Canada Day is July 1, so in celebration of one of the nation’s most prolific genre filmmakers, I finally checked out 1975’s Shivers (sometimes referred to as They Came From Within), an early “body horror” film by David Cronenberg.
Back in the late 70s, Cronenberg was a bit of an enfant terrible in Canadian cinema. The Toronto native was directing what were perceived as sleazy, low budget horror films that were extra controversial because they were funded by Canadian tax payers (for additional context, check out of my piece on Canadian Tax Shelter films in Grim Issue 2 or hit up Canuxploitation, a gem of a resource on Canadian genre films). Naturally there’s more to horror films than meets the eye and Cronenberg’s early works are important entries in the burgeoning “body horror” subgenre, where a crucial component of a film’s horrific appeal is the mutation/evolution/infection of the body.
While Rabid is arguably Cronenberg’s more contentious early horror film – that one stars famed American porn actress Marilyn Chambers – Shivers is Cronenberg’s first feature and it remains an underseen gem. In celebration of Canada’s contribution to the horror genre, let’s do a deep dive into the 1975 flick. Spoilers to follow.
Synopsis: “The residents of a suburban Montreal high-rise apartment building are being infected by a strain of parasites that turn them into mindless, sex-crazed fiends out to infect others through the slightest sexual contact.”
Reception: Shivers is a prime example of horror films being exploited for political and cultural gain. As I mentioned above, the film was largely funded by taxpayer dollars so its “salacious” content, including a variety of sexual attacks, murders and what would have been considered deviant sexual content, was condemned and publicly debated.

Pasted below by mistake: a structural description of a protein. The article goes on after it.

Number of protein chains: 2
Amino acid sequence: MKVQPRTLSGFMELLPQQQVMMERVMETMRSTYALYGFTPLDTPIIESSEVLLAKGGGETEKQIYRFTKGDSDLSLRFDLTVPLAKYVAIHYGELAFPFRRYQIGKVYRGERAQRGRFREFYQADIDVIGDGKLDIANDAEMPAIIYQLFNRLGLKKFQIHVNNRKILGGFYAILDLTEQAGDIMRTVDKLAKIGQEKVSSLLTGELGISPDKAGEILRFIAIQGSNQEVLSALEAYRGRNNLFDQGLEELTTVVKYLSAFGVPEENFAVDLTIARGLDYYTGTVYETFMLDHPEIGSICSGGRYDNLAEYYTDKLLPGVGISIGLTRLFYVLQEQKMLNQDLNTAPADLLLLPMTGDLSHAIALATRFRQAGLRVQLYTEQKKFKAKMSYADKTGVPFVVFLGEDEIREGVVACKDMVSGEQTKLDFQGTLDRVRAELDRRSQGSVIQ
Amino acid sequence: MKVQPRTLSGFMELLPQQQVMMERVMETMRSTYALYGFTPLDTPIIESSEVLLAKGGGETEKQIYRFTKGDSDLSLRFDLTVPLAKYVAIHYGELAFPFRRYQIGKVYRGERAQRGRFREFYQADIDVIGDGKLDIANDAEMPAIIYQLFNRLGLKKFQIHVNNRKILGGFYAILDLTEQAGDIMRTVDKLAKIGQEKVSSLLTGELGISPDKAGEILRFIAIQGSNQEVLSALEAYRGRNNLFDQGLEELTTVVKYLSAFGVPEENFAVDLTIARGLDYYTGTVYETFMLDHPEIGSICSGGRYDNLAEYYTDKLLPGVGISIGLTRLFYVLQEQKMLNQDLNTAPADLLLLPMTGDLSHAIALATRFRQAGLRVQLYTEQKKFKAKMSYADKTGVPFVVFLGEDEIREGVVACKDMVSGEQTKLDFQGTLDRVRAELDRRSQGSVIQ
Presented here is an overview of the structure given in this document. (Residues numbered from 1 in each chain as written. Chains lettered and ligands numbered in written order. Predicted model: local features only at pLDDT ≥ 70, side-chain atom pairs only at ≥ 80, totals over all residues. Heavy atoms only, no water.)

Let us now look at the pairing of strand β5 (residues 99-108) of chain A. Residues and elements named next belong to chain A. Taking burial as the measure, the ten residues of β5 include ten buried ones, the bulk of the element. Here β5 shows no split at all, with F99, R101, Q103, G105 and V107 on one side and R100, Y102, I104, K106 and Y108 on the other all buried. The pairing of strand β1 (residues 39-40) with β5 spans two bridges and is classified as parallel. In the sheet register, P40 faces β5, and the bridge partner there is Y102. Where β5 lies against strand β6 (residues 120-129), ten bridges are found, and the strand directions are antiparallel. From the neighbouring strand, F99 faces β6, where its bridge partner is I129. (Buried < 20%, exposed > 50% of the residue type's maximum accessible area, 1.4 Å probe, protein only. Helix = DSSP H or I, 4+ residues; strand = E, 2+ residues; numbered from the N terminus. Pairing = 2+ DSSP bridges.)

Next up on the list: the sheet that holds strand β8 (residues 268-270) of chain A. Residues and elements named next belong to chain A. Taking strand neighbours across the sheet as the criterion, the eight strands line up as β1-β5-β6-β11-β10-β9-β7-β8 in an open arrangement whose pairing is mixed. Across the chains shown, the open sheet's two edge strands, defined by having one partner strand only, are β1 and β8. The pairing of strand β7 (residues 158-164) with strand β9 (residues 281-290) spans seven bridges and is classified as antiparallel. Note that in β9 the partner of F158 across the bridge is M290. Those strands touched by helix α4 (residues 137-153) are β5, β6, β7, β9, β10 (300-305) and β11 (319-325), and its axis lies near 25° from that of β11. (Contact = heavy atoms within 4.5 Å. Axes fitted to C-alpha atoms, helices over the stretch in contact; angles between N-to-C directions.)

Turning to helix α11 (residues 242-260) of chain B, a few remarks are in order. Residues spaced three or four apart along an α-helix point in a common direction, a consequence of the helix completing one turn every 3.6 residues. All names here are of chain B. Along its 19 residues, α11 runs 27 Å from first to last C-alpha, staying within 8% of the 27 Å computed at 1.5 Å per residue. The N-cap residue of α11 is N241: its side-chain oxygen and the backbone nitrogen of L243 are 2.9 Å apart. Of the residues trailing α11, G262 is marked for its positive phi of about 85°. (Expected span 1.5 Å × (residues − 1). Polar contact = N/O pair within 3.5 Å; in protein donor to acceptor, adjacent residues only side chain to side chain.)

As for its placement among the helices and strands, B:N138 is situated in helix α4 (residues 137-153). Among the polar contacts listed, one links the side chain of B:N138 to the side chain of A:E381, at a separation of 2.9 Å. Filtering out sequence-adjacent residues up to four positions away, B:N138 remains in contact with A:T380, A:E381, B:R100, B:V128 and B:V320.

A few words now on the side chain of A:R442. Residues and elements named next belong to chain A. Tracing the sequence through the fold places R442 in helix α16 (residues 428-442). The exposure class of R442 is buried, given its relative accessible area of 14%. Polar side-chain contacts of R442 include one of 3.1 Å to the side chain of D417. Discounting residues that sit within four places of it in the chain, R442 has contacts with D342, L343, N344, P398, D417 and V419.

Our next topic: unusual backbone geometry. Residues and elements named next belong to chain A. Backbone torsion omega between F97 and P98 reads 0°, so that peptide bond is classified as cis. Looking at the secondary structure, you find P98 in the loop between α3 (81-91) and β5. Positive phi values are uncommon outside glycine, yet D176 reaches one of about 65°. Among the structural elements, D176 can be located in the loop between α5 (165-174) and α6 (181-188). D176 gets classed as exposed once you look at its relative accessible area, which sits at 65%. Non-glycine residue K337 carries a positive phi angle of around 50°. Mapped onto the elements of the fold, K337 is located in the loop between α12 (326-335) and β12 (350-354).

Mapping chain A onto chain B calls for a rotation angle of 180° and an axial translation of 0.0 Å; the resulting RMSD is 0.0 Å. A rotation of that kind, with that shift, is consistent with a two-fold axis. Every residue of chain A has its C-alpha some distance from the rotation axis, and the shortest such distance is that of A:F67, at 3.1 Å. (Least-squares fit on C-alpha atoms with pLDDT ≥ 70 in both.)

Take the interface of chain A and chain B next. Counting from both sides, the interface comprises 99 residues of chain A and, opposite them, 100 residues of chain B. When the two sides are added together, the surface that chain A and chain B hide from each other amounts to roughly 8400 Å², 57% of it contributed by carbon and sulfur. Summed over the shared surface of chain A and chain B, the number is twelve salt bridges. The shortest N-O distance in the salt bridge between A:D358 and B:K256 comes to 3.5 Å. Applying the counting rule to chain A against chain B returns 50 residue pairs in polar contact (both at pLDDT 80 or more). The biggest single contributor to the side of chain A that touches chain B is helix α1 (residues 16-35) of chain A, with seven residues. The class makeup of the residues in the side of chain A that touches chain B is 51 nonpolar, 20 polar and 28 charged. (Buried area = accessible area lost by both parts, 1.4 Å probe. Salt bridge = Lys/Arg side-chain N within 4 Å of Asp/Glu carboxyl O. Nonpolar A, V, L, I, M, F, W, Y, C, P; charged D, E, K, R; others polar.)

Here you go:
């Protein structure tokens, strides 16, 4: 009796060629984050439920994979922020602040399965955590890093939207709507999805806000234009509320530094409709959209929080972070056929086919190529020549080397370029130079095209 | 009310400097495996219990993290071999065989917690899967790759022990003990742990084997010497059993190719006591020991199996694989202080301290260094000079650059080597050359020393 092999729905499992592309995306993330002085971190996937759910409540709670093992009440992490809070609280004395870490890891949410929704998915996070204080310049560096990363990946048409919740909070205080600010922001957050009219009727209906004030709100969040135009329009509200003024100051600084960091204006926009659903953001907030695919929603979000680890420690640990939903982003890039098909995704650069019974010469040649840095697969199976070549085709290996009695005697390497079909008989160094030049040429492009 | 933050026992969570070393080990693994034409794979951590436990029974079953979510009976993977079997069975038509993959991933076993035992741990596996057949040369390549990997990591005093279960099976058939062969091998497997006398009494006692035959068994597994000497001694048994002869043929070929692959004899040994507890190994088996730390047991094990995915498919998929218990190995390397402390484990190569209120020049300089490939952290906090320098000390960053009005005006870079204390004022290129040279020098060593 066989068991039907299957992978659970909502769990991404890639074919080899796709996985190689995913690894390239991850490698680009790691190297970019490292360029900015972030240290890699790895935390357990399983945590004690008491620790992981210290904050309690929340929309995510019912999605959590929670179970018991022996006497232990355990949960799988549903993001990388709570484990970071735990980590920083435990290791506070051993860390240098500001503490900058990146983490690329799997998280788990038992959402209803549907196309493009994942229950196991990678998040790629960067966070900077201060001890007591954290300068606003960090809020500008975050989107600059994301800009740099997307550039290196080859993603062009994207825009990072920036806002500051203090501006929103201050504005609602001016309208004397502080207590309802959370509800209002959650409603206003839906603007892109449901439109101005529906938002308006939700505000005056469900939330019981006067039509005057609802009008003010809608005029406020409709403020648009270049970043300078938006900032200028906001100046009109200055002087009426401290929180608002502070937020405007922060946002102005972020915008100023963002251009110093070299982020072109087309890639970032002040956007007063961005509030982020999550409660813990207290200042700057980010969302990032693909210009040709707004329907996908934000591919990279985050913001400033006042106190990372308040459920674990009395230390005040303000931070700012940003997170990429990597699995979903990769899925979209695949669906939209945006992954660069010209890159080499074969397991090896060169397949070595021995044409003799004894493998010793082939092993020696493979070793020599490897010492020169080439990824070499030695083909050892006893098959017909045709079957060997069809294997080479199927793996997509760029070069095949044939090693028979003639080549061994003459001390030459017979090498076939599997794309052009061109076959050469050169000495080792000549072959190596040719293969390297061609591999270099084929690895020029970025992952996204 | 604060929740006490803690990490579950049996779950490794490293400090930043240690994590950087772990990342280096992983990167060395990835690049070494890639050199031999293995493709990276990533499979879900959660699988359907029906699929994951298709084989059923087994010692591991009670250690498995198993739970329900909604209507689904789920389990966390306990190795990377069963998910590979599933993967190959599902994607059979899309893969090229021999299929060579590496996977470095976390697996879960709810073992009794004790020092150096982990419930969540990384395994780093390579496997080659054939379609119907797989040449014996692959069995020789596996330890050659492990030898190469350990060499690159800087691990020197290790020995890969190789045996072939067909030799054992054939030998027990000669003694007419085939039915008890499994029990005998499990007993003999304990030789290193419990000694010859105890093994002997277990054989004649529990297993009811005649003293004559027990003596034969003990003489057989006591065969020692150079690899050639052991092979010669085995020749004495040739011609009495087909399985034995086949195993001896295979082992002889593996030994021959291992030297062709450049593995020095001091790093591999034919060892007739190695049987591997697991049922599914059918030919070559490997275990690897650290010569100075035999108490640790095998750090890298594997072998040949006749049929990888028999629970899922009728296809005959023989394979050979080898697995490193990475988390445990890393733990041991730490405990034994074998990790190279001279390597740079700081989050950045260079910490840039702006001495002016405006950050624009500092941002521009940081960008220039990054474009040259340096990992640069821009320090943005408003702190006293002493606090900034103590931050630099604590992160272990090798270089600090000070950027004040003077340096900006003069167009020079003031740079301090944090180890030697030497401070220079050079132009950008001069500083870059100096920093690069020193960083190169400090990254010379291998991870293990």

The outcry began with a scathing piece written by journalist Robert Fulford for well-respected Saturday Night magazine, entitled “You should know how bad this film is. After all, you paid for it.” The resulting furor eventually became so significant that debates about public funding models for films were held in the Canadian House of Parliament.
Cronenberg (eventually?) found the public outcry amusing. It’s also ironic considering that Shivers was the first film supported by the tax initiative that actually turned a profit. In hindsight this isn’t surprising considering how profitable we know the horror genre can be, particularly notorious films that are steeped in controversy.
Still many of Cronenberg’s early films faced harsh criticism and were considered in poor taste until he was embraced by international critics for confronting masterpieces featuring Hollywood stars in Videodrome (1983), Dead Ringers (1988) and Naked Lunch (1991), as well as mainstream blockbuster The Fly (1986). Only then were his early films re-appraised; they have since been re-appropriated into Canadian cinema canon.
The Film: Watching Shivers from a contemporary perspective is fascinating because the film remains evocative, disturbing and relevant. Even more interesting is how Cronenberg’s obvious budgetary restrictions led to his decision to situate the film in a single high rise apartment building and limit how much we see of the parasite, but the fiscal constraints actually work in the film’s favour.